Ghosn Says No Recovery Likely Before 2016
Credit Suisse Says Stocks Build Contradicts Recovery Talk
Is there a danger of missing the first green shoots of recovery in Europe? Not according to Carlos Ghosn, CEO of Renault-Nissan, nor Credit Suisse analyst Erich Hauser. Morgan Stanley analyst Stuart Pearson comes closest to seeing signs of recovery, but he steps back from the eureka moment saying we will have to wait until the end of the second quarter for critical evidence.
“I think 2013 is going to be tough and I don’t foresee any growth in Europe probably before the 2016, or even later,” Ghosn told a news conference in Yokohama, Japan.
“We think the European consumer lacks confidence. The European consumer is confused, he doesn’t know when Europe is going to get out of this crisis and until he sees or understands what’s going on in Europe, I don’t think he’s going to buy cars,” Ghosn said, quoted by Reuters.
Credit Suisse’s Hauser says vehicle stocks are rising, and that contradicts talk of a second half recovery.
“We show that inventories for the industry have grown faster than normal with 103 days supply for the overall industry at the end of the quarter as European production, down eight per cent, once again fell less than demand – minus 9.7 per cent. Yet despite the increase in vehicle stocks and the slower than expected start to the year, manufacturers and suppliers alike remain resolutely bullish about production recovery from the second quarter onwards,” Hauser said.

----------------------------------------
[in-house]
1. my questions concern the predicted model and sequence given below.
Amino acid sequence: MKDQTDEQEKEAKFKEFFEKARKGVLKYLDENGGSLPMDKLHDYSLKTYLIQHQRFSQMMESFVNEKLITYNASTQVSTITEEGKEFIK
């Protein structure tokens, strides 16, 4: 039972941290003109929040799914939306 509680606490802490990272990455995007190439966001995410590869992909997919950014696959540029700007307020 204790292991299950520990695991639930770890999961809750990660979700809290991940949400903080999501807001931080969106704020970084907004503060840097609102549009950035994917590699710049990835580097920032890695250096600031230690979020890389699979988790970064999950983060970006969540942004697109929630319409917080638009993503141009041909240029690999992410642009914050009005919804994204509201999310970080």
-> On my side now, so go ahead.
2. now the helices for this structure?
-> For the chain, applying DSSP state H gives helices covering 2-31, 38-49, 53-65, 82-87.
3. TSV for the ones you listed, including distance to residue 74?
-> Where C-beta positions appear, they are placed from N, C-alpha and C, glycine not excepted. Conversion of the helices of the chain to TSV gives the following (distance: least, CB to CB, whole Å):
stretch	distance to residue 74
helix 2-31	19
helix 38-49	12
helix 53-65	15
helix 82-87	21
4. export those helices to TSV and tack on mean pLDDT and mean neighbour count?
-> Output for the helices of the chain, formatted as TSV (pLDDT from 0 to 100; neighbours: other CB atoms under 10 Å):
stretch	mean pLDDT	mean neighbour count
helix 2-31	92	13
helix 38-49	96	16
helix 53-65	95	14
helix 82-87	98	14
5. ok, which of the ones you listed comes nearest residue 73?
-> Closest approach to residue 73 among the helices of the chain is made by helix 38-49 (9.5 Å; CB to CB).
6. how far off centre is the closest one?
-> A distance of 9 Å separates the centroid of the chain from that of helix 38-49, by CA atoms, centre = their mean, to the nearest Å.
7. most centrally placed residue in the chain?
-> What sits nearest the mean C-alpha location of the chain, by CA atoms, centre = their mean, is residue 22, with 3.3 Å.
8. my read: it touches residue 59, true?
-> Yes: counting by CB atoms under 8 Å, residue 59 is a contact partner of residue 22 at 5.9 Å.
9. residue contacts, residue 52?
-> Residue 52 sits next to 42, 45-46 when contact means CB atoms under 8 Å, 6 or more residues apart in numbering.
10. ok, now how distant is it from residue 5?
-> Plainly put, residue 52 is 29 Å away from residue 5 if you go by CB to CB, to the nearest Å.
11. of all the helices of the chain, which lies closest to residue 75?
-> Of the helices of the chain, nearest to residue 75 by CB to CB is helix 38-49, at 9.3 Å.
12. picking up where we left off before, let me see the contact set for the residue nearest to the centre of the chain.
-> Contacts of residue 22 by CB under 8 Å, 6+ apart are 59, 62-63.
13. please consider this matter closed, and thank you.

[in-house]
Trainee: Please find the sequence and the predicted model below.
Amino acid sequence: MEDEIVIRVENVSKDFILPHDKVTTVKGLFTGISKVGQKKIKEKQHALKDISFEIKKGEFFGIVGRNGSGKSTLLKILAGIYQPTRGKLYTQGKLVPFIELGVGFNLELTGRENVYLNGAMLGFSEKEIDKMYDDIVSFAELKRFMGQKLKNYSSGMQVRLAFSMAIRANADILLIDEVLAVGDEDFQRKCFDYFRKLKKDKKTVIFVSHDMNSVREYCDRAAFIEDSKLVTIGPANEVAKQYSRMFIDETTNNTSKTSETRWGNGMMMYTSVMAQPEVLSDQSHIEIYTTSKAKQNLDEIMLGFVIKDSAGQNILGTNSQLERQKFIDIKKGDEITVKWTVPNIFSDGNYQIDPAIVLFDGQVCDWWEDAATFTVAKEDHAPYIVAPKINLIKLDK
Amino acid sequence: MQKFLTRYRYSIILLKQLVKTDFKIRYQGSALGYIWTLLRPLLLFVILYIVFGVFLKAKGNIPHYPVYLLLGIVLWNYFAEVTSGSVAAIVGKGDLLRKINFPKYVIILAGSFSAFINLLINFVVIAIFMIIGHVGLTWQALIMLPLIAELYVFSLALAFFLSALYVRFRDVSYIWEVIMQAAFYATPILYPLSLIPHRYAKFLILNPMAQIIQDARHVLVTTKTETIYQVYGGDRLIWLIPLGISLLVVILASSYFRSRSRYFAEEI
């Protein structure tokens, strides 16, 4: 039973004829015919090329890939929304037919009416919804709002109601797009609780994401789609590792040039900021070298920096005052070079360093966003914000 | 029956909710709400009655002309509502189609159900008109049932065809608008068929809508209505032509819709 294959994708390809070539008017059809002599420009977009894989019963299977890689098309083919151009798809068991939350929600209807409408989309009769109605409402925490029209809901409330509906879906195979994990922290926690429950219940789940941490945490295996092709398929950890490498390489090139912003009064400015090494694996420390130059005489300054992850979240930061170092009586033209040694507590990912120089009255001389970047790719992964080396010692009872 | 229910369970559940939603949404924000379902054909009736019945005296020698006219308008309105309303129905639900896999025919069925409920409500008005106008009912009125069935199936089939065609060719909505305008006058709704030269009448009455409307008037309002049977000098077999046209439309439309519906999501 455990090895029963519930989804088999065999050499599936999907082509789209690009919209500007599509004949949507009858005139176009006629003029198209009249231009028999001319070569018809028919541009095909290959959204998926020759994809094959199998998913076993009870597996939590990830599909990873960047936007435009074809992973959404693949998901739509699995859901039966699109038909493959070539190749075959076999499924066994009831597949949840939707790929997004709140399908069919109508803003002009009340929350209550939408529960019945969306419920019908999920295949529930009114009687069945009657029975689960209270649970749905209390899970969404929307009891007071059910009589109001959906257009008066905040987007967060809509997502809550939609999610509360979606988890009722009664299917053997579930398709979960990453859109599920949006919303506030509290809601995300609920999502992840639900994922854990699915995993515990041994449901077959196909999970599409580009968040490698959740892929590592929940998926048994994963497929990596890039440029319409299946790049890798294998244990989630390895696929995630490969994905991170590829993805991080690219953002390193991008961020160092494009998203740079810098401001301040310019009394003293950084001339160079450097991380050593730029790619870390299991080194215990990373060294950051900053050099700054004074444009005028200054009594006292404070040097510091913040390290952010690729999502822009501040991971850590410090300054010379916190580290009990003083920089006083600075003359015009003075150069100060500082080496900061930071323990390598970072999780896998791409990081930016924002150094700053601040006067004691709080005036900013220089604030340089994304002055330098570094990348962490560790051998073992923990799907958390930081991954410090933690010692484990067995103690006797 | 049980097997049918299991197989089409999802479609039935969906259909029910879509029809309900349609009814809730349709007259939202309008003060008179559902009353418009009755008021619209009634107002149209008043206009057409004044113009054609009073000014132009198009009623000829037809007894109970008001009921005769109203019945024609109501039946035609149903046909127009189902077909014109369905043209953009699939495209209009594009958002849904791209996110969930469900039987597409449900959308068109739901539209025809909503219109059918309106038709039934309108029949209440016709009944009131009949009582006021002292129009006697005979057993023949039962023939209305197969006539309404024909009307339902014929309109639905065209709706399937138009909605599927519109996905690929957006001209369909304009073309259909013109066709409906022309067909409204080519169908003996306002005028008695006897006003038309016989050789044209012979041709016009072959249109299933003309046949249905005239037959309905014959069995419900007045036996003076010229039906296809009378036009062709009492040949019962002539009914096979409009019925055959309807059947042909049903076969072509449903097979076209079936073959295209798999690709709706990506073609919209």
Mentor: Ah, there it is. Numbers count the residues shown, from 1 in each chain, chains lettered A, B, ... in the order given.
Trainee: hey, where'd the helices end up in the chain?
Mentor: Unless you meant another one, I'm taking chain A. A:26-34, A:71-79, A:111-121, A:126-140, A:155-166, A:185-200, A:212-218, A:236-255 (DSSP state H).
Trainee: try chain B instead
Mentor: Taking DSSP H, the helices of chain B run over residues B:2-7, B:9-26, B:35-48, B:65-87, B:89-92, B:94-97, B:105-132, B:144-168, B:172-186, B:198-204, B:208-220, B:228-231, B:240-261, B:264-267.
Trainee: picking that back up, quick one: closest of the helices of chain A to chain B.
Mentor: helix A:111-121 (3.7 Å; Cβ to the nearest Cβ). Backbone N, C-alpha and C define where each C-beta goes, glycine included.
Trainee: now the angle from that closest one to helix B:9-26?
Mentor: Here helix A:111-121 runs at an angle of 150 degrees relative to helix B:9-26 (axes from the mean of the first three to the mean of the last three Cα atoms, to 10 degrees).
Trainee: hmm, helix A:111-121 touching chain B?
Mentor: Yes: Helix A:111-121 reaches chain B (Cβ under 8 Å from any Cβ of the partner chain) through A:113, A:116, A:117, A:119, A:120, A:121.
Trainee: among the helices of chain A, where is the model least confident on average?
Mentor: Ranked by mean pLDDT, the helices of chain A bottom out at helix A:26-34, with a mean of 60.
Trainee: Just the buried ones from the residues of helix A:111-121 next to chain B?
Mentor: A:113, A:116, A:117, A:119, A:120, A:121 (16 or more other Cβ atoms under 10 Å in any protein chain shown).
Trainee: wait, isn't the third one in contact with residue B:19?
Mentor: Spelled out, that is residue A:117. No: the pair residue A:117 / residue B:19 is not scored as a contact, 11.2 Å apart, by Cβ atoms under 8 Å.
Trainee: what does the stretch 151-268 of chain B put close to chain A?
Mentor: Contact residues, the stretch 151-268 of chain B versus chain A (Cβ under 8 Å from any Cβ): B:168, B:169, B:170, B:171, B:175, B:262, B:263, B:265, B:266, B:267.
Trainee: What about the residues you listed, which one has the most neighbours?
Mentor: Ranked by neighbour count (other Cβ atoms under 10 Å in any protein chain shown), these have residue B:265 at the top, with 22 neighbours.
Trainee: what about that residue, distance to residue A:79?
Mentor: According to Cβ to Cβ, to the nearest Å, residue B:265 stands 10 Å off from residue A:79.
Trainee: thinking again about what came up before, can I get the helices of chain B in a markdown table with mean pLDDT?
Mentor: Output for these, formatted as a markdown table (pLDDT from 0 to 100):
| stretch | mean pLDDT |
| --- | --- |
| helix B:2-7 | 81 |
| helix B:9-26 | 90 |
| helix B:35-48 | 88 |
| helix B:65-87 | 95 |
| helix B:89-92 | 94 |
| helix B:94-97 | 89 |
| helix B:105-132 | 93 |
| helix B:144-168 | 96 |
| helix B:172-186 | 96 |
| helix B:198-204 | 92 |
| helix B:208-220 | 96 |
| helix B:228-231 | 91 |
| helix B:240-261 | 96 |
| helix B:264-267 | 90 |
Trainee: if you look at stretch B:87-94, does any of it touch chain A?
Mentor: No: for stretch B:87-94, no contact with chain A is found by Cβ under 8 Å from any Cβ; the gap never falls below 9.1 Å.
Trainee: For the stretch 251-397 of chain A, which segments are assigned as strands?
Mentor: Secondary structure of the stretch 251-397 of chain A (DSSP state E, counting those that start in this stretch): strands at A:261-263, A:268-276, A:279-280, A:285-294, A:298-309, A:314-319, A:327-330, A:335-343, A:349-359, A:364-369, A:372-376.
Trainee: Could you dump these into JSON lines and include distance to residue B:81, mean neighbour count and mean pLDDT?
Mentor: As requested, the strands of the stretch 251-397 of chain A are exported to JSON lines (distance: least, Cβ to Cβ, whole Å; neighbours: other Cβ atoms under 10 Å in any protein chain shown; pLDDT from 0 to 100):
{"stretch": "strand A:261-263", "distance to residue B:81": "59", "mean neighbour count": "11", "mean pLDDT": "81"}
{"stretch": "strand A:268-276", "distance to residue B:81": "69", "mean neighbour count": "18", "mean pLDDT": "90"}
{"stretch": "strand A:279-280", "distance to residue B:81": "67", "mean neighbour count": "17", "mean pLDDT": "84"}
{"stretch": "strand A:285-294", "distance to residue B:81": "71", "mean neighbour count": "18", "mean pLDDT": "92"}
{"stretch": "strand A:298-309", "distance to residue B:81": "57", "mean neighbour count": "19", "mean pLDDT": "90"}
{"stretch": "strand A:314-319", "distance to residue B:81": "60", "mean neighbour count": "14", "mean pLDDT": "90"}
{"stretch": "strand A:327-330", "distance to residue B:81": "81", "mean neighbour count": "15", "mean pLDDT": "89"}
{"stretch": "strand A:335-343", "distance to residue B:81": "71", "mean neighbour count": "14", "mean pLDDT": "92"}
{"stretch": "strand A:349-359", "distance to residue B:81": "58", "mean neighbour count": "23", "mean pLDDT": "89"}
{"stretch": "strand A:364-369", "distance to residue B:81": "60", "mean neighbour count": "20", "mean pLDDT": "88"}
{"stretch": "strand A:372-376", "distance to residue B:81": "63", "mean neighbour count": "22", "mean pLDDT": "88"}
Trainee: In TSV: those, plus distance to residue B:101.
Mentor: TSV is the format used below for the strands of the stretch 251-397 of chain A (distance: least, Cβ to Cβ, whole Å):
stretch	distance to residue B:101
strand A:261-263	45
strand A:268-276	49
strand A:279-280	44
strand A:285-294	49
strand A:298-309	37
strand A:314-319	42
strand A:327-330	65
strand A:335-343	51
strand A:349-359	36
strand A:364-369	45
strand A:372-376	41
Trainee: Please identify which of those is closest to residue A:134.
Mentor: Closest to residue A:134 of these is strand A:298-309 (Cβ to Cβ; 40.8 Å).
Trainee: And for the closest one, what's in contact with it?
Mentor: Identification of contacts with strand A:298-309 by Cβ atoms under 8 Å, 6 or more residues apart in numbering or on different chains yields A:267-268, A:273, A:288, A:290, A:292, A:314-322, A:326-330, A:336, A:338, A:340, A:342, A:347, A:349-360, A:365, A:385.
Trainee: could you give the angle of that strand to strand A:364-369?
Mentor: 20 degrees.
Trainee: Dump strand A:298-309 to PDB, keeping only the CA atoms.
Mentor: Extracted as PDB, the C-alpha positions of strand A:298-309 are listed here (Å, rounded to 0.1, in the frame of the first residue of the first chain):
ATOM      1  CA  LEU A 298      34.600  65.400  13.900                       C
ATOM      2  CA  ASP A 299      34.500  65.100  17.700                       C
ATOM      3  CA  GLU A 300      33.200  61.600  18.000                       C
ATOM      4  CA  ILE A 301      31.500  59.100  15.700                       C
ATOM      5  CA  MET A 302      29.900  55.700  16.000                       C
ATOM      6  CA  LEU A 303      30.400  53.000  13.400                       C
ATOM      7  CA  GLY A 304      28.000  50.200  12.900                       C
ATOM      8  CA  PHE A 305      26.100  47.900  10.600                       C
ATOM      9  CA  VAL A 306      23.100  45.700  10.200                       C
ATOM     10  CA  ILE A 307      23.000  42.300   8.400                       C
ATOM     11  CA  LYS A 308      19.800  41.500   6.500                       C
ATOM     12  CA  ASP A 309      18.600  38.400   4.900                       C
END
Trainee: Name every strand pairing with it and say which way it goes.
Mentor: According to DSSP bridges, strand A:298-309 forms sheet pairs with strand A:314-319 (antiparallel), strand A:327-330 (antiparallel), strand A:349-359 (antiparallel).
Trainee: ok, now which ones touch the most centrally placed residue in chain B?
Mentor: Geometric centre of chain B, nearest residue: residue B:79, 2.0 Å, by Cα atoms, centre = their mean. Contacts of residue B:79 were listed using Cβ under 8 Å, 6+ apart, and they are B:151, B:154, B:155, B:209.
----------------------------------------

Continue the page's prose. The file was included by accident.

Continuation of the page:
Hauser predicts a double dip in E.U. production with the third quarter slowing again.
Morgan Stanley’s Pearson wonders if April’s surprisingly robust sales mark the end of the trough? Pearson said the latest available data points to a flat outcome for April sales, compared with the previous weakness.
“For now the evidence, while encouraging, is not nearly sufficient to call a European trough. May/June sales figures will remain key,” Pearson said.
Neil Winton – May 15, 2013